According to a report released by the Ministry of Electricity, the project is part of the Ministry’s five-year (2012-2017) solar energy plan.
The plan will seek to increase Egypt’s energy production by 3,500 megawatts, 2,800 of which will be produced using concentrated solar power (CSP) technology, with the remaining 700 megawatts produced via photovoltaic cells. 67% of the project will be funded by the private sector.
The Ministry of Electricity will on 20 October receive offers for a tender by the New and Renewable Energy Authority (NREA) to construct Egypt’s first solar operated electrical power plant.
The project will be open to both foreign and local investors operating in the private sector, with construction taking place in the city of Kom Ombo in the southern Egyptian province of Aswan. The plant will operate on a build-own-operate (BOO) scheme and produce a total of 200 megawatts of energy.
Minister of Electricity Ahmed Imam stated that the new date was set in response to demands made by private companies calling for it to be pushed back in order to allow them to better prepare their presentations. The initial date of 25 July was first pushed back to 30 September, before being rescheduled again for 20 October. A source close to the Ministry of Electricity stated that 23 Egyptian and international companies purchased particulars of sale to take part in the tender.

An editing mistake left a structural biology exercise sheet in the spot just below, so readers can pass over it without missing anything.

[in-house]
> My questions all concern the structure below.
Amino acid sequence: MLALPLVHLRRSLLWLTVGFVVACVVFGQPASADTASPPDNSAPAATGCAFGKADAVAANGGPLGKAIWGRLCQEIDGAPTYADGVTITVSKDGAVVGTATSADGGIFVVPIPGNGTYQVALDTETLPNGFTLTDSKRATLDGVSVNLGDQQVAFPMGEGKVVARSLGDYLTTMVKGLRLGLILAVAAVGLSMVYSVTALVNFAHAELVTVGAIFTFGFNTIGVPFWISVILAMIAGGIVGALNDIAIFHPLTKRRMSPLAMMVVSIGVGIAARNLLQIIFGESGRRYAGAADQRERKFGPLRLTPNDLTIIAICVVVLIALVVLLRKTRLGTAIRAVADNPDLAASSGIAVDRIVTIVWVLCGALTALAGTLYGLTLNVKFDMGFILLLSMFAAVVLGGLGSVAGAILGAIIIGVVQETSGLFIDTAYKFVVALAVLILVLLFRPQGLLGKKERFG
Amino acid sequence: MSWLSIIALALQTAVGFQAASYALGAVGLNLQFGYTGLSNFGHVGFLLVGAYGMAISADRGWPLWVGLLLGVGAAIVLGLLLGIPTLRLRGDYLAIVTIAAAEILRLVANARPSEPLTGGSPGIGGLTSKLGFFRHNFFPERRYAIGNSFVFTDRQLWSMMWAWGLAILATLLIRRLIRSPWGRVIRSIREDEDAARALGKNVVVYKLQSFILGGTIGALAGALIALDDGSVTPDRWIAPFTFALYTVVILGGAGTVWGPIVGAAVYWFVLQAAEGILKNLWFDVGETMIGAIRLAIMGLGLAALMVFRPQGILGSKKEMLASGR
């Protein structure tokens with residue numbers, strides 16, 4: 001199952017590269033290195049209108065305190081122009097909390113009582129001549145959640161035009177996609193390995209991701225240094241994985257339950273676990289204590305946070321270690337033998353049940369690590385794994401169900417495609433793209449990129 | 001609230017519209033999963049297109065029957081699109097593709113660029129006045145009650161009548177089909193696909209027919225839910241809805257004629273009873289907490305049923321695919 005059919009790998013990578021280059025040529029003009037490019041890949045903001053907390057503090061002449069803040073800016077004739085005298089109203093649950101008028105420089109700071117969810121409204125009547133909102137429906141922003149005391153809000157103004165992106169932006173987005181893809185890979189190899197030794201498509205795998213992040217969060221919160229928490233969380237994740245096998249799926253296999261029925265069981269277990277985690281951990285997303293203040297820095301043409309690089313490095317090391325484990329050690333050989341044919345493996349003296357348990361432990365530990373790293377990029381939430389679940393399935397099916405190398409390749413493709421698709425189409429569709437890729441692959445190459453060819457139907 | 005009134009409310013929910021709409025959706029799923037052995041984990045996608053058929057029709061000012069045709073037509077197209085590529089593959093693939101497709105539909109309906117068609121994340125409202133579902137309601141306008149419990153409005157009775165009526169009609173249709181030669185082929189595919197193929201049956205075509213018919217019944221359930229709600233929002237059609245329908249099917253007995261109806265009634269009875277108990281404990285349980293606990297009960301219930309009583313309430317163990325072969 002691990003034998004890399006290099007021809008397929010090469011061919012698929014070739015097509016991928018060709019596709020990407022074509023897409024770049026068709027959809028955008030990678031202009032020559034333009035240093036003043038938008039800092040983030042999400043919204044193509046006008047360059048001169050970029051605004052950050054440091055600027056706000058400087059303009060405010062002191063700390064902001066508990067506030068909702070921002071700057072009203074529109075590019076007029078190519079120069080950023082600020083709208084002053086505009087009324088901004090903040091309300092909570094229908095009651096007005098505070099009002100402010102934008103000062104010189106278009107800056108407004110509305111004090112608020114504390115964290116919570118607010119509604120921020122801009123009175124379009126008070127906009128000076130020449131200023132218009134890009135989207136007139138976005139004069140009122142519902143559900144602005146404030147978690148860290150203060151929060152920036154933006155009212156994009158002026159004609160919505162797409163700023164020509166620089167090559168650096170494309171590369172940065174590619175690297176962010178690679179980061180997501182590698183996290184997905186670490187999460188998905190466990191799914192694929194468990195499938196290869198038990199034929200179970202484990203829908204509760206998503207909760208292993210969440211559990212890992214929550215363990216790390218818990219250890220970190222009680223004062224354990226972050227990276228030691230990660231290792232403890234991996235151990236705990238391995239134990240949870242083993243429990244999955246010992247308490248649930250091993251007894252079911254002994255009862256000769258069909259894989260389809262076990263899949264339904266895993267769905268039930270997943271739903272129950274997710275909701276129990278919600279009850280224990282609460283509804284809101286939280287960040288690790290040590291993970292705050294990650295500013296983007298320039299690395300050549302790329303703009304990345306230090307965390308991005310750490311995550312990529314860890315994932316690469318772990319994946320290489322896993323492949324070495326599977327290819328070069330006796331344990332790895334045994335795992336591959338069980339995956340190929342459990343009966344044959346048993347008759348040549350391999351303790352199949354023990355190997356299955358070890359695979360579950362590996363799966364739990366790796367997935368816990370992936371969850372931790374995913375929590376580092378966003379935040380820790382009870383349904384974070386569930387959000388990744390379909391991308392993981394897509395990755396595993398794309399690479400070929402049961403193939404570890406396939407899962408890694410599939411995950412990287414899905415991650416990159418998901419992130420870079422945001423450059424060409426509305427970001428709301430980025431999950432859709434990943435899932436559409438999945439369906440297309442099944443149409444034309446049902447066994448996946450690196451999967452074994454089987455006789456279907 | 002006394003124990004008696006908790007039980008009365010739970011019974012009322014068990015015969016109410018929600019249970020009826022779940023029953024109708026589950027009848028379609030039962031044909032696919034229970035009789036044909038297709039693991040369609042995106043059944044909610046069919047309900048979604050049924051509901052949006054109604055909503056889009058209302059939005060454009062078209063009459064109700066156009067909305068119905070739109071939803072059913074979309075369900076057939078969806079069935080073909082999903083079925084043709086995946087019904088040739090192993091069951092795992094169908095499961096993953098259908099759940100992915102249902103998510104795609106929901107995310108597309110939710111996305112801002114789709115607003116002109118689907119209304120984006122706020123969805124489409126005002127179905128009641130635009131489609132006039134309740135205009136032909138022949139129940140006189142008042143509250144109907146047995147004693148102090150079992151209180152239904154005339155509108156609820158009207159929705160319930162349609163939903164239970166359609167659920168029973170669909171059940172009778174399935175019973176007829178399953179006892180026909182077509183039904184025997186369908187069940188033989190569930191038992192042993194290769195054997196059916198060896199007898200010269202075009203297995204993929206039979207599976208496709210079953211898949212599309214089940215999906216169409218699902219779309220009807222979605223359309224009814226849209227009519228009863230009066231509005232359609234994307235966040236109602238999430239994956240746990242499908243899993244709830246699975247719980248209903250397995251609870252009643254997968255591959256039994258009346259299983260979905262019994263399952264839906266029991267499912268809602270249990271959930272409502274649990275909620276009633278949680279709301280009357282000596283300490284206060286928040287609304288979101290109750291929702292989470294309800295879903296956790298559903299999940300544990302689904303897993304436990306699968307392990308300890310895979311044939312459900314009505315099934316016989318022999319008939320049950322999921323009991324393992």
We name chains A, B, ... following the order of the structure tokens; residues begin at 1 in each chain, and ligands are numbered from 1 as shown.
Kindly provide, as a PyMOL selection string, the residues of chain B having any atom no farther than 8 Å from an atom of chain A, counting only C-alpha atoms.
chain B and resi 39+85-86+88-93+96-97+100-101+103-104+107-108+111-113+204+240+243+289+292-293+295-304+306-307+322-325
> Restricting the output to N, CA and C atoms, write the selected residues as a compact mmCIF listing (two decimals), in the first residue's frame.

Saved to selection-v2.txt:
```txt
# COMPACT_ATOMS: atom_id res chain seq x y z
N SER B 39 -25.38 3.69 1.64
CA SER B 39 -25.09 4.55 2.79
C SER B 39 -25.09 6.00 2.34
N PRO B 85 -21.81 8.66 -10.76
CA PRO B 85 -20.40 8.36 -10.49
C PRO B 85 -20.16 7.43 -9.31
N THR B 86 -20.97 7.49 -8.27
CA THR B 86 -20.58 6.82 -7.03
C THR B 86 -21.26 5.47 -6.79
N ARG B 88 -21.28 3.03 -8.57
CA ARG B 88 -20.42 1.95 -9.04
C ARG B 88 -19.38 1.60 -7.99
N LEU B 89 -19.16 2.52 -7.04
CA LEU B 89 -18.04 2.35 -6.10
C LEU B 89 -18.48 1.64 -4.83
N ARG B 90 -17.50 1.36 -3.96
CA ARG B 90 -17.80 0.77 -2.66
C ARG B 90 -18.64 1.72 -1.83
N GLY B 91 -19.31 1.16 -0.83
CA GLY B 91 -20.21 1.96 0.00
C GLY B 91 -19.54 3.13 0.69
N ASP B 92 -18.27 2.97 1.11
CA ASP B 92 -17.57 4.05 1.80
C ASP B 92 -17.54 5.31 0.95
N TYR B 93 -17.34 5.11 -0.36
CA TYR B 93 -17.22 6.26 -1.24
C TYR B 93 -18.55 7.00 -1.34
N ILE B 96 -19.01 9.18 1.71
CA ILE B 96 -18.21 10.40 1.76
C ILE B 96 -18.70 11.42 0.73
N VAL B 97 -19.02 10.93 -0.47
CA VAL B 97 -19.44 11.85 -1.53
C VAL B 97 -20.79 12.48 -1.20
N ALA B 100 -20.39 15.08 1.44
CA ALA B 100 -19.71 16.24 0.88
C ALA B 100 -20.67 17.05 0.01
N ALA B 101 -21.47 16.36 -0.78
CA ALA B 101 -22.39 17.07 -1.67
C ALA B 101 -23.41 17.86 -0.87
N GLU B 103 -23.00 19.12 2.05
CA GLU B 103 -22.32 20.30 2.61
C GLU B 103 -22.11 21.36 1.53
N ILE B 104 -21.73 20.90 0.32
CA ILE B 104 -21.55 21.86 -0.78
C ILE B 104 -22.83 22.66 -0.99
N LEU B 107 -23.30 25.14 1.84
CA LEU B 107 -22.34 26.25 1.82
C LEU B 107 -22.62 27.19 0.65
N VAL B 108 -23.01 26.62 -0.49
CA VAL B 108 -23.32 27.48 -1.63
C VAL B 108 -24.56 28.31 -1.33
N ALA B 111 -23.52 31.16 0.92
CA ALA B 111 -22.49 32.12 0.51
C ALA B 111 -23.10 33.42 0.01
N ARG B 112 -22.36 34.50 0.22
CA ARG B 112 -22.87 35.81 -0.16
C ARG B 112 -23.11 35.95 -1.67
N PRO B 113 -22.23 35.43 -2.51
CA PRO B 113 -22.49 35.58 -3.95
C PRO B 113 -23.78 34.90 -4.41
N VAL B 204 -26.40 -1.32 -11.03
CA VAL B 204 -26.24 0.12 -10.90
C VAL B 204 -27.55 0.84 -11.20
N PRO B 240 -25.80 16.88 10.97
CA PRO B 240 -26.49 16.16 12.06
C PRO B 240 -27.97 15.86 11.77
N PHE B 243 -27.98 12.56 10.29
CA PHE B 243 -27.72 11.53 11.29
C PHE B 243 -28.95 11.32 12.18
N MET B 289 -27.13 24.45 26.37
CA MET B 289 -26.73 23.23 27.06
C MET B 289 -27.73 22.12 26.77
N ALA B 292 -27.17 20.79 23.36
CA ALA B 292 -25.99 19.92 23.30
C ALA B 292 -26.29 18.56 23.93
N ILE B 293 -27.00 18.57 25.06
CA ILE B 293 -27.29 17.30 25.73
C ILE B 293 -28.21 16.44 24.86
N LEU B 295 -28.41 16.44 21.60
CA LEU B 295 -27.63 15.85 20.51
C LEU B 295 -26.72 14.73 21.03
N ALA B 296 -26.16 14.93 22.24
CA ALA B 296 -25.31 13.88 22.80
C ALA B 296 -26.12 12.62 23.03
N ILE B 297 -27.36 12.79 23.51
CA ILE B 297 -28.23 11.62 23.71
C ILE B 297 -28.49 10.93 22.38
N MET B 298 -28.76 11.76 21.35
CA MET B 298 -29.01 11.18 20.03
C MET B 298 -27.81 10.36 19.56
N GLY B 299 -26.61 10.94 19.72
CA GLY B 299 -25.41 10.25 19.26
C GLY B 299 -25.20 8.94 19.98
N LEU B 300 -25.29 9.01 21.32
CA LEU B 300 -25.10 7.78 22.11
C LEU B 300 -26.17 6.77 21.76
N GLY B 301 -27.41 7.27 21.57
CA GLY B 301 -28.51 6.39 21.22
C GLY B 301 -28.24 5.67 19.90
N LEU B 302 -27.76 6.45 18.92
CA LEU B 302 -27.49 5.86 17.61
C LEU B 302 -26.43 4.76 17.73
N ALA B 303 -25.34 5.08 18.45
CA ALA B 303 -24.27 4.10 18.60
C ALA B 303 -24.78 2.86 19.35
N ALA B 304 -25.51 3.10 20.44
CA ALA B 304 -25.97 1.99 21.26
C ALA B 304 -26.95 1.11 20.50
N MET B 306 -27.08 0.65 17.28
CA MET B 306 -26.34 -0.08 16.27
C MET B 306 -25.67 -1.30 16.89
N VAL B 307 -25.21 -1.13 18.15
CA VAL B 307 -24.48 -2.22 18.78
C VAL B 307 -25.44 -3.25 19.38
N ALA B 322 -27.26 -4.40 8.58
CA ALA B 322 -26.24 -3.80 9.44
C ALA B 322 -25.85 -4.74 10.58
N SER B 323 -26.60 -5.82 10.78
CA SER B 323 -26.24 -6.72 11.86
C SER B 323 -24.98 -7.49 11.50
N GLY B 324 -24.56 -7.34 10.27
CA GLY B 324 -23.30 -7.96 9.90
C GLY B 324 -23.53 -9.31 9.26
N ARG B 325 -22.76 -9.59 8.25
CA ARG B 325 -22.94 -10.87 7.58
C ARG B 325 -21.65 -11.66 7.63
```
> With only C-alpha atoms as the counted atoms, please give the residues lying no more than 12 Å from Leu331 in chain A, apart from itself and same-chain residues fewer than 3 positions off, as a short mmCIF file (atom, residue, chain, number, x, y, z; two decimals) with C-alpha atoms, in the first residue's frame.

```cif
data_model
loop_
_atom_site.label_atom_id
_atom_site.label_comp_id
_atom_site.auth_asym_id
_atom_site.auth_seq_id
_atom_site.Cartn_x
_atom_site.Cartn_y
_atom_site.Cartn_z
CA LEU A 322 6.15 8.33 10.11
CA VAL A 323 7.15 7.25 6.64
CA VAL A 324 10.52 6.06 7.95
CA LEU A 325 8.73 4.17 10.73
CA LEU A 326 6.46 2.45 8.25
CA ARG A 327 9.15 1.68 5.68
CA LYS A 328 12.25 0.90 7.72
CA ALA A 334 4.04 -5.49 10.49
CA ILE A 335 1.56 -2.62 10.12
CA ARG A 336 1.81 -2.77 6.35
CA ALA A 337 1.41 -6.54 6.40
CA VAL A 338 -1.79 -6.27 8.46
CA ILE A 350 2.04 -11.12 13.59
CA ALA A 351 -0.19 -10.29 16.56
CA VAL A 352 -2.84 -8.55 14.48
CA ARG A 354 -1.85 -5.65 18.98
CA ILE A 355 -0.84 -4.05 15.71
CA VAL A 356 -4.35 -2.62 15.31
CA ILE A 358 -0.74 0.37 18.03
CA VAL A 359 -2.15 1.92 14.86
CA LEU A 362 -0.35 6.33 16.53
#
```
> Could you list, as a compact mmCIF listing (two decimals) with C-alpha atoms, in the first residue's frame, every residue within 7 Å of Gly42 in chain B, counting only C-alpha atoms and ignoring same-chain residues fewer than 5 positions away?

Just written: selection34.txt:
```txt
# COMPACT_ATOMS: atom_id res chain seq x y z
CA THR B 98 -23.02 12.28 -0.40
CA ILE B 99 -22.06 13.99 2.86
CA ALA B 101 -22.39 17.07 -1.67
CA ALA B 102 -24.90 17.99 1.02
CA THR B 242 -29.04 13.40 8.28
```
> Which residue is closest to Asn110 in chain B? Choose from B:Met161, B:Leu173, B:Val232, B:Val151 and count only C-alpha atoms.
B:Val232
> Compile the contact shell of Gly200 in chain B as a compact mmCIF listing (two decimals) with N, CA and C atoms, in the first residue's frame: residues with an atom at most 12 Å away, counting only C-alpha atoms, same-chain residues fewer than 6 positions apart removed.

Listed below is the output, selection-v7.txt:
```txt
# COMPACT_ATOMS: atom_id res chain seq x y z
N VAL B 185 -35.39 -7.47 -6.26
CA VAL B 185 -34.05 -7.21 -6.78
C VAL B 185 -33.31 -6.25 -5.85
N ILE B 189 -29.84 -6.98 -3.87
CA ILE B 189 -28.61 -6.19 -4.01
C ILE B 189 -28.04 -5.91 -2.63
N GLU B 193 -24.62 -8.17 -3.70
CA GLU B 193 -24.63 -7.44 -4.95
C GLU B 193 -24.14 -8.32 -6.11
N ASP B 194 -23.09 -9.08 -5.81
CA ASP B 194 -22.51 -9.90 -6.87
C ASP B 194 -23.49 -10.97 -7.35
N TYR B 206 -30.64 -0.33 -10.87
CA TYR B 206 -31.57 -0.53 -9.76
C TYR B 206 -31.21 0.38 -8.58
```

Sha’ban Khalaf, Chairman of the NREA, stated that the plant would employ the use of photovoltaic cells and would consist of 10 electricity power plants, each one with the production capacity of 20 megawatts.
He stated that companies with previous experience operating in the solar energy sector would be given preference in the tender, in order to plan, fund, build, operate and repair project facilities according to those frameworks and demands put in place by the government.
Land used for the construction of the project will be operated under a usufruct scheme, with the Egyptian Electricity Transmission Company tasked with purchasing and transporting electricity produced from the power plants to loading centers for a period of up to 20 years.